What about a positive answer to two questions?

In one of my earlier teaching jobs, I recall multiple former attorneys who left their field to become teachers. They abandoned a life of financial security for a life where they enjoyed what they did on a daily basis and truly felt like they brought meaning and inspiration to others.

It might not feel like all three questions are of equal value, but I assure you, they most certainly are. Just to have cash in your pocket is worth very little if you don’t make a positive impact and dread your every working minute.

In summary:

If you answer “no” to all  of these questions, run. Run far and fast. You really can do better.

If you answered “yes” to one question, start asking around. Spruce up your resume. Update your LinkedIn profile. Do it all subtly, because you might just need to stay where you are.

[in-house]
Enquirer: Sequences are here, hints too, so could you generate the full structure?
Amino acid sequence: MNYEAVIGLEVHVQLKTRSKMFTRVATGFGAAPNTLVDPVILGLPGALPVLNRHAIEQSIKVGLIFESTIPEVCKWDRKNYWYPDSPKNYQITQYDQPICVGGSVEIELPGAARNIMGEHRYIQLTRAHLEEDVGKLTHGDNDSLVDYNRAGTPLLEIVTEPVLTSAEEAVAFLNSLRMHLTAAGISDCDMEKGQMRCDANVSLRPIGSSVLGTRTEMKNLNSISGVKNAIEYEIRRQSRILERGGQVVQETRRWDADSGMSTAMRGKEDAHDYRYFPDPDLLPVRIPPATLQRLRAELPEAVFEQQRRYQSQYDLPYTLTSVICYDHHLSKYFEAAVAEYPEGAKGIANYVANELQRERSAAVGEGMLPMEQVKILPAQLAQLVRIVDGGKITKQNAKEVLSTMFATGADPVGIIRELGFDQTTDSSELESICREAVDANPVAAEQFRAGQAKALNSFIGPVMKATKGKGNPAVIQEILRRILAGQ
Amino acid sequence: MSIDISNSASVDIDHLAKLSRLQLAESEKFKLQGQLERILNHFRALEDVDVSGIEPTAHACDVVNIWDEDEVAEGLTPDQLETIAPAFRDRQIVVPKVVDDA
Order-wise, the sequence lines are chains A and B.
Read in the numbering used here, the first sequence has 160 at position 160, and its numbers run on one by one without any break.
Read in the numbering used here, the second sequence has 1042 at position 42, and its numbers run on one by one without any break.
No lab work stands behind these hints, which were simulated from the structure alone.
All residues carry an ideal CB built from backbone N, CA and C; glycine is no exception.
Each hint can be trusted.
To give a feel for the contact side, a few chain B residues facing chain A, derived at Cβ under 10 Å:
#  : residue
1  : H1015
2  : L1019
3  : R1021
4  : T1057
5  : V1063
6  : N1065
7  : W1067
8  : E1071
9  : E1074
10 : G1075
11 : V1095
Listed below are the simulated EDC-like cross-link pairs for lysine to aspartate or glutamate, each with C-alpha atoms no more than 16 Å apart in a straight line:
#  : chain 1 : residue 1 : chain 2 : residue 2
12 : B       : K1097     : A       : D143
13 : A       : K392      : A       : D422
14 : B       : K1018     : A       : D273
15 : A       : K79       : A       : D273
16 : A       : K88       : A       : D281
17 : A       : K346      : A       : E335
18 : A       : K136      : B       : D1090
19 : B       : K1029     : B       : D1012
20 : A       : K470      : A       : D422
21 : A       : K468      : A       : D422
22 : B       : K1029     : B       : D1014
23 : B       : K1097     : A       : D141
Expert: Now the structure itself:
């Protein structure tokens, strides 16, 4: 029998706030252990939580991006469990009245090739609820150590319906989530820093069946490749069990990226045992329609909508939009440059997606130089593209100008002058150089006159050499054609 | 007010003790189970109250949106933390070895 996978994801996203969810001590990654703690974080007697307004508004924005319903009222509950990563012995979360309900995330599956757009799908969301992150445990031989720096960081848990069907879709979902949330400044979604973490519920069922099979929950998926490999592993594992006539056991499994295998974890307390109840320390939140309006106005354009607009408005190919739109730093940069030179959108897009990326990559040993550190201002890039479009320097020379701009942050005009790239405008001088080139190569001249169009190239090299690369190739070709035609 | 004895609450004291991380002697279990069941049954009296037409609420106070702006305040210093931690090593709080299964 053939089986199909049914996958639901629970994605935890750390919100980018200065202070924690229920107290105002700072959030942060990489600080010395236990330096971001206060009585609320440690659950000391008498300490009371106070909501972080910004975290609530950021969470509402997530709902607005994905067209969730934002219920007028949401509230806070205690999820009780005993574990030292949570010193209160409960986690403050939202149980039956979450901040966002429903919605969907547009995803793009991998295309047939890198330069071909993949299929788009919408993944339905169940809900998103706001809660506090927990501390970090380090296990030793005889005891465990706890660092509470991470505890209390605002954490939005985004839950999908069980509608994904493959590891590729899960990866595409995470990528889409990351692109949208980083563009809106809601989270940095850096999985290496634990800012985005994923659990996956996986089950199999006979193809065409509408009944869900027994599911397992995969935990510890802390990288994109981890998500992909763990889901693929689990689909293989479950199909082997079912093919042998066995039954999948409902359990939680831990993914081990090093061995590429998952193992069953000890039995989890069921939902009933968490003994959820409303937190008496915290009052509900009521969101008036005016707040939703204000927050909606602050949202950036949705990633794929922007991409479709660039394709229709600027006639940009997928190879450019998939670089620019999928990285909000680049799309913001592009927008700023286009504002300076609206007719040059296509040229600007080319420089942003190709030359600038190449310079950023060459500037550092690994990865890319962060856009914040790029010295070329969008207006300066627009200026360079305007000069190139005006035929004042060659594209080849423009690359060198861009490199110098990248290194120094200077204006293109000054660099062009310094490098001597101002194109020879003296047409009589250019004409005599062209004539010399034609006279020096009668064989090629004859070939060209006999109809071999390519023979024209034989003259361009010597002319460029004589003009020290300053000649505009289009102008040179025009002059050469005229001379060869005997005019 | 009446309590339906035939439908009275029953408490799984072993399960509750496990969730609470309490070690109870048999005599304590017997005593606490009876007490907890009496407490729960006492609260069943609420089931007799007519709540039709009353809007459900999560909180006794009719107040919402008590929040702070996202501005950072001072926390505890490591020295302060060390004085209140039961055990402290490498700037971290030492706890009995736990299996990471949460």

If you answered “yes” to two of these questions, life is really good. You’re way ahead of most people. You should cling to your job with all of your might, and you shouldn’t even consider leaving unless some ridiculously amazing, once-in-a-lifetime opportunity comes around. Even then, be careful and methodical about the decision.

And if you answered “yes” to all three questions, do not go anywhere! You’re among the extraordinarily lucky few of this world. Wrap your arms around the job with all of your strength, and never let go.

 

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Posted by jaffeworld in career, 2 comments

No Such Thing as Celebrity in Judaism (Guest Post)

celebrity